BOARD OR BORED?
By: Jeffrey D. Wilson
A pastor asked me the other day what one question should be asked of a search committee to determine if the congregation has a
propensity toward evangelism. Since the question had never been asked of me just that way, I took some time to think about it.
Later in the week I called the pastor back with my response.
“Ask for a personality profile of the official board. Is the board excited about growth or bored with the idea, offering only lip
service to the notion of evangelism?” was my answer. Too often a search committee or a small group in a congregation reflects a
particular interest – in this case a commitment to church growth. But that same interest may not be reflected by the official
governing body. Then, the pastor has troubles. He/she goes into a situation expecting one thing and finds something else.
Conflicting interests usually do not breed a powerful evangelism effort.
How does someone evaluate a congregational board? What should be looked for? What should be worked on or avoided? All of these questions are important. I will try to answer them with my list of “seven and seven.”
Profile Of An Excited Church Board
1. Interested in long-term growth. They realize that growth is always essential to the life and health of the congregation. They
keep a focus on evangelism every year, not just during a numbers crisis.
2. Clear vision of tomorrow. They know where they want to go and plan strategies for how to get there.
3. Proactive. They look for the obstacles that they can turn into opportunities. Ready for what might be, they aren’t caught off
guard very often.
4. Willing to ask the tough questions and search out the answers. They know life isn’t easy, but they also know God does provide the guidance we need to fulfill our call to be God’s people.
5. Willing to take some risk. They recognize that everything carries a cost and that for every success there are at least five
failures, but they keep on trying.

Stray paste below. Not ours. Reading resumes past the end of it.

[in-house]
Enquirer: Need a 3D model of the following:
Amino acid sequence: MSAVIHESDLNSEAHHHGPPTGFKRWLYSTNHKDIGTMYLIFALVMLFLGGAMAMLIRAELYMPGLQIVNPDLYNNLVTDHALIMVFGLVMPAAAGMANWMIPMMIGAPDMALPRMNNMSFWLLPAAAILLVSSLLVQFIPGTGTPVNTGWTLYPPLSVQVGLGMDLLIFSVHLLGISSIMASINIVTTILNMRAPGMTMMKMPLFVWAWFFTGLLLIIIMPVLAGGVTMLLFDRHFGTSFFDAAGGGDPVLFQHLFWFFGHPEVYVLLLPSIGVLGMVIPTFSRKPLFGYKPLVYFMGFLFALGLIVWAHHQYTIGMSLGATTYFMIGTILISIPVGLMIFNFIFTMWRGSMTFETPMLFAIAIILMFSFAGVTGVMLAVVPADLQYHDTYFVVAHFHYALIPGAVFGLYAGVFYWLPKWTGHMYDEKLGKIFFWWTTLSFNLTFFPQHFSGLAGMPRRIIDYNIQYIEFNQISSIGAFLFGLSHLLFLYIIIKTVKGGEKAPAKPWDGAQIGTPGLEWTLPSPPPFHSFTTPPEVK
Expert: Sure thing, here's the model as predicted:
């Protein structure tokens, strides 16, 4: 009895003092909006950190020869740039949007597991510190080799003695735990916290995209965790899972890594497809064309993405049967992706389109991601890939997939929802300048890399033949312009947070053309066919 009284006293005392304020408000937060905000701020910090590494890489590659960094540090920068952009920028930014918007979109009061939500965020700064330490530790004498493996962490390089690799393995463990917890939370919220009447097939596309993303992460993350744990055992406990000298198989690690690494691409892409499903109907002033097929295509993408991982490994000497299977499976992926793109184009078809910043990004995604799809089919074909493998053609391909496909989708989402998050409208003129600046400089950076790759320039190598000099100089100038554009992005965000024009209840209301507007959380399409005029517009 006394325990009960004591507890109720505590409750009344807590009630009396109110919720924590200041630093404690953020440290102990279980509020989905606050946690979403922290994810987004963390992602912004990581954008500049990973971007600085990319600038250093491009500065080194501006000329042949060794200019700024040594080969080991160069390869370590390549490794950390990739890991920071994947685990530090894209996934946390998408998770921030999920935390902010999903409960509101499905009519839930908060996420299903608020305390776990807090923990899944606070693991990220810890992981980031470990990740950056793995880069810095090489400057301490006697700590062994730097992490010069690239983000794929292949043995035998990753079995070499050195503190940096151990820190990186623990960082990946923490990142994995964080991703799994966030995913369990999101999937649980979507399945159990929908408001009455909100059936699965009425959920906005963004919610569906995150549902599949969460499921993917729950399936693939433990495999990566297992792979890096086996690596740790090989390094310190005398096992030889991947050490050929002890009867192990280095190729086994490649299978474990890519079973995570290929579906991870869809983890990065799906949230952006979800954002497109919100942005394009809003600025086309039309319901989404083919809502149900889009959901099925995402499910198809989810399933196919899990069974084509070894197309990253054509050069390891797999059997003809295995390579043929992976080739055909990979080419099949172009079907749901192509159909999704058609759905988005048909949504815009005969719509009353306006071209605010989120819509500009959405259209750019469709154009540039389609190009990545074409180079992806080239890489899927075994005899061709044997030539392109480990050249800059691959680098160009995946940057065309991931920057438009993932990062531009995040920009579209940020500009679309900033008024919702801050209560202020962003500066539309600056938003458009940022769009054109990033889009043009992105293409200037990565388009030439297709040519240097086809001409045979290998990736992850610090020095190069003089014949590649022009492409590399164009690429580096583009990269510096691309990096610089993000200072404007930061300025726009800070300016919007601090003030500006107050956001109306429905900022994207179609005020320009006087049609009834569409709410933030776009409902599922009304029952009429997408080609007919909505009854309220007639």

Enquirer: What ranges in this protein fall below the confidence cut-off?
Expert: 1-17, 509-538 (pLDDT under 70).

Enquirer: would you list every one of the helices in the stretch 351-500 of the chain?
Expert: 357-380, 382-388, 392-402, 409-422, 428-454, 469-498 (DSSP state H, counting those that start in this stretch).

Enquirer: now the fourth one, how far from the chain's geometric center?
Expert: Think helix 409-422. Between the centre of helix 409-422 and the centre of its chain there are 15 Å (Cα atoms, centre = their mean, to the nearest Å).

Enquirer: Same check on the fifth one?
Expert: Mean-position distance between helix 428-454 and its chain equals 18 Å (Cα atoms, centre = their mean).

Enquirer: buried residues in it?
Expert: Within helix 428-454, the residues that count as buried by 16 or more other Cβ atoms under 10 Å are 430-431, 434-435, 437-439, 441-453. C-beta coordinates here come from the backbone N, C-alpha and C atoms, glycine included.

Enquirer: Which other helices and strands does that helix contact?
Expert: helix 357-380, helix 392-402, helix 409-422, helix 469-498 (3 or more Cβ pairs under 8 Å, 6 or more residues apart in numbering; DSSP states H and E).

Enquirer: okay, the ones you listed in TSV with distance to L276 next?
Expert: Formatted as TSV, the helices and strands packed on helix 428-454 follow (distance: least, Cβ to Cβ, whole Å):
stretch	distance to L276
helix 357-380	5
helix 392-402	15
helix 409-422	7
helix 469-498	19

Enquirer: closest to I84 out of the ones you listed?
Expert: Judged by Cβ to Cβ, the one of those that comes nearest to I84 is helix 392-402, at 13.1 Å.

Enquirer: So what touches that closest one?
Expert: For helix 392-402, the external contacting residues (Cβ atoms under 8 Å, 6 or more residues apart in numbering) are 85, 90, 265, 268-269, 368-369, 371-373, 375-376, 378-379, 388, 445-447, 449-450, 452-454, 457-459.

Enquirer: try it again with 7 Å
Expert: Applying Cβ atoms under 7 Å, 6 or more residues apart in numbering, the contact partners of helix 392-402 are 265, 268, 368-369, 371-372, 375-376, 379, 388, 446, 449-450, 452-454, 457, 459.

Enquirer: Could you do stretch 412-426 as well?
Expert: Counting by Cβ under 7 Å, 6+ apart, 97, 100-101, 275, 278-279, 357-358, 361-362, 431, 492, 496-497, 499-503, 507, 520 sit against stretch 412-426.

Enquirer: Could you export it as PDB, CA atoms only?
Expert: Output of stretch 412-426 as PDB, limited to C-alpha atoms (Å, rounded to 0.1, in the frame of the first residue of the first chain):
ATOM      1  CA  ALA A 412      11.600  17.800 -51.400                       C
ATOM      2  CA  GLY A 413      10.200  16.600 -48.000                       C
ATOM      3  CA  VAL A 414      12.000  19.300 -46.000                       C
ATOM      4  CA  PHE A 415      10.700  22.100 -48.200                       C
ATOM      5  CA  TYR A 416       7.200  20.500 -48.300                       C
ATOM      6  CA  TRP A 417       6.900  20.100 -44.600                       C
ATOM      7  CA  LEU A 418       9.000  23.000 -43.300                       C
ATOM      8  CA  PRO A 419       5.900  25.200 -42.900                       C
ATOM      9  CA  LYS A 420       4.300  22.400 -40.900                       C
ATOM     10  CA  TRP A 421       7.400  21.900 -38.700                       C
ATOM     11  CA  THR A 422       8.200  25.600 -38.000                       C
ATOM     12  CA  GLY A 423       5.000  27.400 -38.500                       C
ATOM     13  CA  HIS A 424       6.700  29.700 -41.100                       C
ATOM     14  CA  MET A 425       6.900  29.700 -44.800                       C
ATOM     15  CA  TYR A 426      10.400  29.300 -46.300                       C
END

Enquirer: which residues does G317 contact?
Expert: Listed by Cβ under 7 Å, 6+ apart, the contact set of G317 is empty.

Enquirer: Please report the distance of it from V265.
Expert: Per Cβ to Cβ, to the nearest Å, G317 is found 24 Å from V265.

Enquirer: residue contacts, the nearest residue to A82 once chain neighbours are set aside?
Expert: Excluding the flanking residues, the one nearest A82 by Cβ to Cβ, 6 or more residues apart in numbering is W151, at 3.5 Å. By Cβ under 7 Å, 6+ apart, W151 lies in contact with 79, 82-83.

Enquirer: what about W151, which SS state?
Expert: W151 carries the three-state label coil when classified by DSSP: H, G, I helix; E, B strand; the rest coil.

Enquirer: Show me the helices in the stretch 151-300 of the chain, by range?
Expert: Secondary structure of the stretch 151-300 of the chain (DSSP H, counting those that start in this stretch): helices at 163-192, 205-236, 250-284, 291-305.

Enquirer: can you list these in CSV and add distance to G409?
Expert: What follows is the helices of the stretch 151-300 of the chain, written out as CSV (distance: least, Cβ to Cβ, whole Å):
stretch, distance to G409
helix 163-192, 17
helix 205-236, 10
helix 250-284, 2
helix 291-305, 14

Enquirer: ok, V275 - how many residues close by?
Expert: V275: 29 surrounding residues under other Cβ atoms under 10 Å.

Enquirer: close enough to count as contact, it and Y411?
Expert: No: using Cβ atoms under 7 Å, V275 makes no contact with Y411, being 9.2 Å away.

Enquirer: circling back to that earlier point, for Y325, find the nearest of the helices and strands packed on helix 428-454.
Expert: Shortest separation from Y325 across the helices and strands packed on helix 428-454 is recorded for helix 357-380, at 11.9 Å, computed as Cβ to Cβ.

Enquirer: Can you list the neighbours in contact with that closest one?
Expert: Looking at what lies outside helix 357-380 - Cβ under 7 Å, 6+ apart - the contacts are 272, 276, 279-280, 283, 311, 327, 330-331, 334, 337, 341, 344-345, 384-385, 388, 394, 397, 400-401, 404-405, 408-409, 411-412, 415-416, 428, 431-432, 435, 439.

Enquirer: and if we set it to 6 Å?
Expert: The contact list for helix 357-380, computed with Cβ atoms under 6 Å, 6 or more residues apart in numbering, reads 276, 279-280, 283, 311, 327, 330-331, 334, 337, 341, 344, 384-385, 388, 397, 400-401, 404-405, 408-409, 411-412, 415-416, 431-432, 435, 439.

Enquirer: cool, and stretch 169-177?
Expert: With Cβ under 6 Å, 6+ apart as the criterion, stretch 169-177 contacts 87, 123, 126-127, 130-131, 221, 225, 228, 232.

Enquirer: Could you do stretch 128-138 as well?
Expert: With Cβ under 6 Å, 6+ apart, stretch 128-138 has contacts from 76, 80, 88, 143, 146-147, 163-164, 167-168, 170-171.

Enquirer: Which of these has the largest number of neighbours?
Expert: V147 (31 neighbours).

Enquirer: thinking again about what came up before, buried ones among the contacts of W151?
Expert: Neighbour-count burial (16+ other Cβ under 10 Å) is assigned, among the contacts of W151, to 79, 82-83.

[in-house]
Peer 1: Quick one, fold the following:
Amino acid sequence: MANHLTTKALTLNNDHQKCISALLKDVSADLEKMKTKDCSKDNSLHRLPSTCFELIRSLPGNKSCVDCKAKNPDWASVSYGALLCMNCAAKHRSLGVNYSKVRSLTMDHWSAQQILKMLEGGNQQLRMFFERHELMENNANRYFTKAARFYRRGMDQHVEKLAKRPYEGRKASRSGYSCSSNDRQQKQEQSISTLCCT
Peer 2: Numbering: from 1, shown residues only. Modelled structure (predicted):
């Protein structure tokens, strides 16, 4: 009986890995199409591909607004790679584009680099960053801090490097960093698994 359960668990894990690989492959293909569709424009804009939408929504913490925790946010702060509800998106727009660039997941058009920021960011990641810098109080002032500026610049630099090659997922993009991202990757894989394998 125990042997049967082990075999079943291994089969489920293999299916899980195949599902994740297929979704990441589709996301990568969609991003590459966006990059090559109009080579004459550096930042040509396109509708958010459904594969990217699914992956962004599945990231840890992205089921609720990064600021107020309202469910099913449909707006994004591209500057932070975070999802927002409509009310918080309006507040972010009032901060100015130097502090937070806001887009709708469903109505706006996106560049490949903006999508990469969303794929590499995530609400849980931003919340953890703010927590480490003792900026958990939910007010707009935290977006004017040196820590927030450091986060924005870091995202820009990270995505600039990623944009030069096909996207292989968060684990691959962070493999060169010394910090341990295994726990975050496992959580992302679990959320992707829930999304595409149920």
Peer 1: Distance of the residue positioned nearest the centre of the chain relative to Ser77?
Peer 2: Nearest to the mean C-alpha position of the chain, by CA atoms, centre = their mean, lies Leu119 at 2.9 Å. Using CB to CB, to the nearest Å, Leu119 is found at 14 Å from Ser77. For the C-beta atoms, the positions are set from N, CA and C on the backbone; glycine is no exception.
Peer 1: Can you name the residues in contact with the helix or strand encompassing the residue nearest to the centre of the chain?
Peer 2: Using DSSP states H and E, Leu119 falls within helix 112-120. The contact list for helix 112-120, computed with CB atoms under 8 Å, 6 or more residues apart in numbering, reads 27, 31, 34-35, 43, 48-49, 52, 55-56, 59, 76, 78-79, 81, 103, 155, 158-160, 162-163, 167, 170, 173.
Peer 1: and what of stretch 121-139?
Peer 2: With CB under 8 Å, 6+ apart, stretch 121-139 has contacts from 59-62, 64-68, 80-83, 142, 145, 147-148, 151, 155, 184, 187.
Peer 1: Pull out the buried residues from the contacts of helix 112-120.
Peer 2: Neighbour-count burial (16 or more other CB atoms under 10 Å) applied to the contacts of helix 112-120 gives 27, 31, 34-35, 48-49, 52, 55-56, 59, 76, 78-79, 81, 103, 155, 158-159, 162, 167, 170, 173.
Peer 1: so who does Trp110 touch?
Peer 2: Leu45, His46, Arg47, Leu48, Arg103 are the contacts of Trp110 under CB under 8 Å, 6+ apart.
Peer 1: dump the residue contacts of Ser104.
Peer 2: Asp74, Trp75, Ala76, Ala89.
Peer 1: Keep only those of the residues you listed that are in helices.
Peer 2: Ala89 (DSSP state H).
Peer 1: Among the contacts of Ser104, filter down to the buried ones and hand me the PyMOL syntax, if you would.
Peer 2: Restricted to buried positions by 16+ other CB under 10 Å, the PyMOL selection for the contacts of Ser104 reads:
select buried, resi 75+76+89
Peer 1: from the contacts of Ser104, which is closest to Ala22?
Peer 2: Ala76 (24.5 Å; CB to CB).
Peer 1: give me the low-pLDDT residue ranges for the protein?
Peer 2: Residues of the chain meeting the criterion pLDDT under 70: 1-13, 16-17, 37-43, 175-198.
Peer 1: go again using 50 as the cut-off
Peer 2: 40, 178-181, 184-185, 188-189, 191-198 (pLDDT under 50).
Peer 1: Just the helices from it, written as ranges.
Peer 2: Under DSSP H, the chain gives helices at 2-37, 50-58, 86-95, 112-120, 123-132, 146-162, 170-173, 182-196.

6. Biblically informed and socially aware. They can handle the tension between our faith and our culture, because they have a
genuine knowledge of both.
7. Pushy… making it happen. They look for and demand results from the pastor as well as from the congregation. Accountability
and ownership are critical factors in their evaluation process.
Profile Of A Bored Board
1. Evangelism is just another program area. They do not focus on the relationship of evangelism to every other activity in the congregation. Evangelism moves on and off the priority list.
2. Content with today. They re-dream yesterday’s dreams and are happy with not doing less, rather than determined to do more. They talk more of their history than their future.
3. Reactive. They are too busy putting out fires they should have doused as a single flame or avoided altogether. They always seem
to be a step or two behind.
4. Passive. They deal only with the issue laid before them. Taking the initiative or dealing with the heavy issues is not their
5. Fear of risking adversity. They avoid conflict at all costs. One of the first costs is usually growth. A fear of failure that produces lack of action often results in momentary stagnation followed by decline.
6. Action is based solely on what “feels good.” Without a genuine understanding of Scripture and a solid grasp of cultural/social
trends, they make uninformed decisions that often have to be re-made.
7. Complacent. They are satisfied with the status quo. They demand or expect little of the pastor, and therefore less become
(The above material appeared in the June 1992 issue of New Ideas in Evangelism and Church Vitality.)
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